There is a desperate need for women and girls in Mozambique to realise their rights — teachers should not be allowed to sexually harass young girls, writes Johanna Higgs.
*CONTENT WARNING: This article discusses sexual harassment
RITA AND I sat in a small beach café in the small town of Barra along the Mozambican coast. The view was spectacular, the ocean spread out before us and shimmered in a dizzying array of blues and greens, the white sandy beach giving the illusion of being in paradise. However, that which 15-year-old schoolgirl Rita was telling me made Barra feel anything but idyllic.
As Rita explained:
"The teachers give the girls their phone numbers and ask them to call them. They don’t want to get married, they just want to have sex with the girls and leave them."
Rita was talking about the phenomenon of "sex for grades", a practice where teachers exchange grades for sexual favours. Young girls are pressured by their male teachers to sleep with them and if they don’t, the girl will not pass a particular grade.
As much was happening at Rita'sescola secundária, as she confirmed:
"If students say no to the teachers, they’ll be in trouble with their marks. If they accept, then they’ll get better marks. It happens a lot. I don’t think it’s right. The teachers are taking advantage of children’s poverty."
Situated along the southeastern coast of Africa, Mozambique ranks 181 out of 189 countries on the United Nations Development Programme's (UNDP) Human Development Index and it is estimated that 70% of the country lives in poverty. For many young girls, this poses enormous barriers to getting educated.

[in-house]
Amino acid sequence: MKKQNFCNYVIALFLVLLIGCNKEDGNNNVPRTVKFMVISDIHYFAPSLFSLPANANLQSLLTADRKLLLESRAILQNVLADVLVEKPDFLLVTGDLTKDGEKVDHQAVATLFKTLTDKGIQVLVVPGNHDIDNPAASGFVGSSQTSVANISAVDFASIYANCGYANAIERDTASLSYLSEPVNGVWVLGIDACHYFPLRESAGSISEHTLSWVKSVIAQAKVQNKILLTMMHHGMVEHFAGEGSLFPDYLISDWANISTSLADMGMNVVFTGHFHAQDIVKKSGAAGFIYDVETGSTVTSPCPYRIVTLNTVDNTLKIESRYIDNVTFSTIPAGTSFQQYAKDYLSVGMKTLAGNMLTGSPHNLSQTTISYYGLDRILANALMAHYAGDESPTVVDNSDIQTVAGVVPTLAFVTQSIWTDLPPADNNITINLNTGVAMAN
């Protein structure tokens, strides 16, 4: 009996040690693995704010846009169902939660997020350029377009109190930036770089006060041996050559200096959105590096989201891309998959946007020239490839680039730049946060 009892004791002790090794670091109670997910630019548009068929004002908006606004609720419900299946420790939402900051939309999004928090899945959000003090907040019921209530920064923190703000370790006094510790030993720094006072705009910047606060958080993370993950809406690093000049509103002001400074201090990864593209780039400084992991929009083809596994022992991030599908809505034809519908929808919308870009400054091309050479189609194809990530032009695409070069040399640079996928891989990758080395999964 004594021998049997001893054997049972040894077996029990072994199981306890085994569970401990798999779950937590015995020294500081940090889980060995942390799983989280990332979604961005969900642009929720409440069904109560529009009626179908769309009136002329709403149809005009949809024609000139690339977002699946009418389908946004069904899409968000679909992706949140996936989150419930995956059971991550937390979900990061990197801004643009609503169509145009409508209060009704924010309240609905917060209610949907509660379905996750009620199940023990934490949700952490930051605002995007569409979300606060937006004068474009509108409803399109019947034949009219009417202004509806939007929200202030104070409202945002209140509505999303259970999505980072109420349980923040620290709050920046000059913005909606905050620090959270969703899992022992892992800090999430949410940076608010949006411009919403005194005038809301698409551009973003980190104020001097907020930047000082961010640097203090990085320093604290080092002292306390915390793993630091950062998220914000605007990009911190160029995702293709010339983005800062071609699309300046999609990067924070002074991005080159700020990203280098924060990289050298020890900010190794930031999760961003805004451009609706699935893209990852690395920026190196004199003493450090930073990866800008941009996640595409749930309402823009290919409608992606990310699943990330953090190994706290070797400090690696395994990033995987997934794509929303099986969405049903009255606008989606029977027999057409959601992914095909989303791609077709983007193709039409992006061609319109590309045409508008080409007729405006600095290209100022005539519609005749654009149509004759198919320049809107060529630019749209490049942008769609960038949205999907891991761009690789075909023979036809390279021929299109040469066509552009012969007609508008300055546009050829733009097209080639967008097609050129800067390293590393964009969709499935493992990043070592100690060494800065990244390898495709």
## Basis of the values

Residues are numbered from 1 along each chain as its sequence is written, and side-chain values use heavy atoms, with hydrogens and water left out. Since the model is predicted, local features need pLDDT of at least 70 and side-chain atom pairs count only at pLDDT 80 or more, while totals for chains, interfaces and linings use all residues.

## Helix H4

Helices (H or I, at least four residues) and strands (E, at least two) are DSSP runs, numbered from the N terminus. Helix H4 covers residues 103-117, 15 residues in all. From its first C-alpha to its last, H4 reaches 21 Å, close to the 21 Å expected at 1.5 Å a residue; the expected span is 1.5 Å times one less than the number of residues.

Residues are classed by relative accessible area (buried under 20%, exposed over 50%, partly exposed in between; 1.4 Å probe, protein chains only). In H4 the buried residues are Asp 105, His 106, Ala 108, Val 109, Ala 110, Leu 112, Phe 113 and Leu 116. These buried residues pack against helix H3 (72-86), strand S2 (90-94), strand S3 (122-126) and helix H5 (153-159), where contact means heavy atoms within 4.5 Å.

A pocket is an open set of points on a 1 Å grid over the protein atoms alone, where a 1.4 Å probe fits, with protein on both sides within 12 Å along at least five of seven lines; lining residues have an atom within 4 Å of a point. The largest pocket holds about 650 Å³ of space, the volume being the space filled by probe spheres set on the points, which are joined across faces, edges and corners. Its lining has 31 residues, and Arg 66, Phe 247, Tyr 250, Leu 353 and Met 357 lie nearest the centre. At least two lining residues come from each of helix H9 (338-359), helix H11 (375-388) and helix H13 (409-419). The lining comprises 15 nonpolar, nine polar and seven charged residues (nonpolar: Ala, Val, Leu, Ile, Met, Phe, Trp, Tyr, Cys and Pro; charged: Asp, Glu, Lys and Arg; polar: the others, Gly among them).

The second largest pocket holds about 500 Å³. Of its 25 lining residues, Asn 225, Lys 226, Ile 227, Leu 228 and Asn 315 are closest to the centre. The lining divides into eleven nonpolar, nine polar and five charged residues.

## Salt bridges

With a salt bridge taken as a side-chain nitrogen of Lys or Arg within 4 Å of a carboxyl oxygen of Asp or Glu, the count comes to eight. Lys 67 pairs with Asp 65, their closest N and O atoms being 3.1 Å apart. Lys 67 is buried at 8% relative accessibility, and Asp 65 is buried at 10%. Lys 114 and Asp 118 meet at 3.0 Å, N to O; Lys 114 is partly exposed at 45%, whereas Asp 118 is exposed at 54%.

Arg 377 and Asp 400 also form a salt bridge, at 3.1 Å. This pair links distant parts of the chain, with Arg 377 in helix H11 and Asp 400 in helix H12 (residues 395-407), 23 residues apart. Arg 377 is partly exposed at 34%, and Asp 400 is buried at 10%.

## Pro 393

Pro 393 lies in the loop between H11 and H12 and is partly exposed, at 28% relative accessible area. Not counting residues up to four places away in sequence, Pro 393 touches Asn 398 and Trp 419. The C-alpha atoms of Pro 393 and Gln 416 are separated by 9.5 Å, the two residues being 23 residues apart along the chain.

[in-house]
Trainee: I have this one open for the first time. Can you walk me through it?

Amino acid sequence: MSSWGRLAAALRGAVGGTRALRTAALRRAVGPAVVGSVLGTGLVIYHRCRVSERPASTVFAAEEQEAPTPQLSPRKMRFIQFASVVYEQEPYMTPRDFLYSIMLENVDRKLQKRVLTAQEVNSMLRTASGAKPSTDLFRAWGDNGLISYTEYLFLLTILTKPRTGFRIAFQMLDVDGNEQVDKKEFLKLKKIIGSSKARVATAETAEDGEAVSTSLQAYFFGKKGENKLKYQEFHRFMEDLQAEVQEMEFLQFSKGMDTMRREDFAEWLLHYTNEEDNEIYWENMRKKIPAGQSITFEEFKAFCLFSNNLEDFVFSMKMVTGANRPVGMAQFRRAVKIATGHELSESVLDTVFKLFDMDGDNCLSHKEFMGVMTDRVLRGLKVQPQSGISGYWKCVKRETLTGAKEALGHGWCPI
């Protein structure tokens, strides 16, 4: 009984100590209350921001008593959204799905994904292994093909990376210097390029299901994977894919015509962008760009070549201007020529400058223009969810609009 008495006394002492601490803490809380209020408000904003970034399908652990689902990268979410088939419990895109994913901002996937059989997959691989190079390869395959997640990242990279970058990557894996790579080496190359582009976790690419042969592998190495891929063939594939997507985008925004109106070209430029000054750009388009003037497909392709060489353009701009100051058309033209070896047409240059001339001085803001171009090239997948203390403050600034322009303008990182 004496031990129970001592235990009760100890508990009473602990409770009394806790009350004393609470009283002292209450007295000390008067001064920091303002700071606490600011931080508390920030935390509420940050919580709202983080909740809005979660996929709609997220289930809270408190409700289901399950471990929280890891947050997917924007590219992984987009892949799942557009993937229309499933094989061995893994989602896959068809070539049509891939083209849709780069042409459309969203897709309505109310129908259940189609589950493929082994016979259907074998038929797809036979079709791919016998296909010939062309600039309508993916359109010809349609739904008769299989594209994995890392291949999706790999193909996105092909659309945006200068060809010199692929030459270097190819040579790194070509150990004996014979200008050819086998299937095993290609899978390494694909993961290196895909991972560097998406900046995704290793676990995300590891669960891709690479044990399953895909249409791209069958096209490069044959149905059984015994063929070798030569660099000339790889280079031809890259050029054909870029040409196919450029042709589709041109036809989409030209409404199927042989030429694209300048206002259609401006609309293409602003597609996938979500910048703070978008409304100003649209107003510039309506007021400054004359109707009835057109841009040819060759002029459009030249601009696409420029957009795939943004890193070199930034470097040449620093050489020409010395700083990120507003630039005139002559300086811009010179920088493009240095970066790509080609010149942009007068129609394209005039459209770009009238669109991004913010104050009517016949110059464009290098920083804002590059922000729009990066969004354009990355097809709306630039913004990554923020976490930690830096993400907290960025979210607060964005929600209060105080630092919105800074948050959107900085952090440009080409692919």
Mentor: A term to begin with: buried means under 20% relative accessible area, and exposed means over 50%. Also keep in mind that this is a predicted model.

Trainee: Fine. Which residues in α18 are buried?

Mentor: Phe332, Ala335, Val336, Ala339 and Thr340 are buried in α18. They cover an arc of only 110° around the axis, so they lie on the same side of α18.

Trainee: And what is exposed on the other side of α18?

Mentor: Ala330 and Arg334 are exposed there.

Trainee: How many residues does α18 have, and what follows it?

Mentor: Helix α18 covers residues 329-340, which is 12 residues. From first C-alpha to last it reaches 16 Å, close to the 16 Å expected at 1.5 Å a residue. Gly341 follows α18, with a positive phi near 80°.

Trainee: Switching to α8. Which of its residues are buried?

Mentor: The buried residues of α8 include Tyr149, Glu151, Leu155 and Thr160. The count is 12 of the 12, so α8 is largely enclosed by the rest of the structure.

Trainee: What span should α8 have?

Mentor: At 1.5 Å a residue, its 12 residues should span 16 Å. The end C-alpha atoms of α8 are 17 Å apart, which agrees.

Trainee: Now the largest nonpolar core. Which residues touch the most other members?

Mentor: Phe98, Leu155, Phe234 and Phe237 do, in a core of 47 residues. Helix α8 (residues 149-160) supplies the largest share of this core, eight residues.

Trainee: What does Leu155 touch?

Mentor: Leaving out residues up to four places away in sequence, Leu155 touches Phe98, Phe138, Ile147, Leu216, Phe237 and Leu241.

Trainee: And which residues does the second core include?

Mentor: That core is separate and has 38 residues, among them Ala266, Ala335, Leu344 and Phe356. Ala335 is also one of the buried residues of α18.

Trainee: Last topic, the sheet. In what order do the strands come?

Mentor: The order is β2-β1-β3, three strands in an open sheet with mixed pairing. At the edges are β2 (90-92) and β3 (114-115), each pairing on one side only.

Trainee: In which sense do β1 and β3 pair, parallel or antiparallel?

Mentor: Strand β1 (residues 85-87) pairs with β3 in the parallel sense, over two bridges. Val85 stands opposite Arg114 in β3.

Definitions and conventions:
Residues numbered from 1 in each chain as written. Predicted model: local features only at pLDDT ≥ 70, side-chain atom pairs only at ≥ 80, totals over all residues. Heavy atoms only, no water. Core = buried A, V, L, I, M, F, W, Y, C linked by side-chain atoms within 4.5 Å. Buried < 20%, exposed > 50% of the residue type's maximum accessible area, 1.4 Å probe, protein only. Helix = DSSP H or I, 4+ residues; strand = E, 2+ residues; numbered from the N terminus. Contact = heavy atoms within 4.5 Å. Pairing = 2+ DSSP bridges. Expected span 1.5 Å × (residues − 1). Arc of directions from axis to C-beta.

According to The Borgen Project, more than 50% of girls drop out of school by the fifth grade and only an estimated 11% make it to secondary level. As a result, roughly 28% of women in Mozambique are educated and only 1% of women attend university.
Due to this lack of education, many young women feel pressured to marry early in order to attain financial stability with around 48% of women marrying by the time they are 18. This places women at greater risk of harmful cultural practices such as child marriage as well as domestic and sexual violence.
It is thought that more than half of Mozambican women have not only experienced violence in the home but believe that violence against women is justified.
The male teachers would work together and if one female student wouldn’t sleep with a teacher, the other male teachers would gang up on her and all give her bad grades.
Aside from these challenges, Mozambique is also a country steeped in corruption — corruption that has made its way into the schoolyards of children in the most erroneous and despicable way, in the form of sexual assault.
An American teacher – who preferred not to be named and had worked for two years in a secondary school in rural Mozambique – said that she first became aware of sexual harassment in her school after a male teacher came to her house to harass a student she was living with.
Said the American teacher: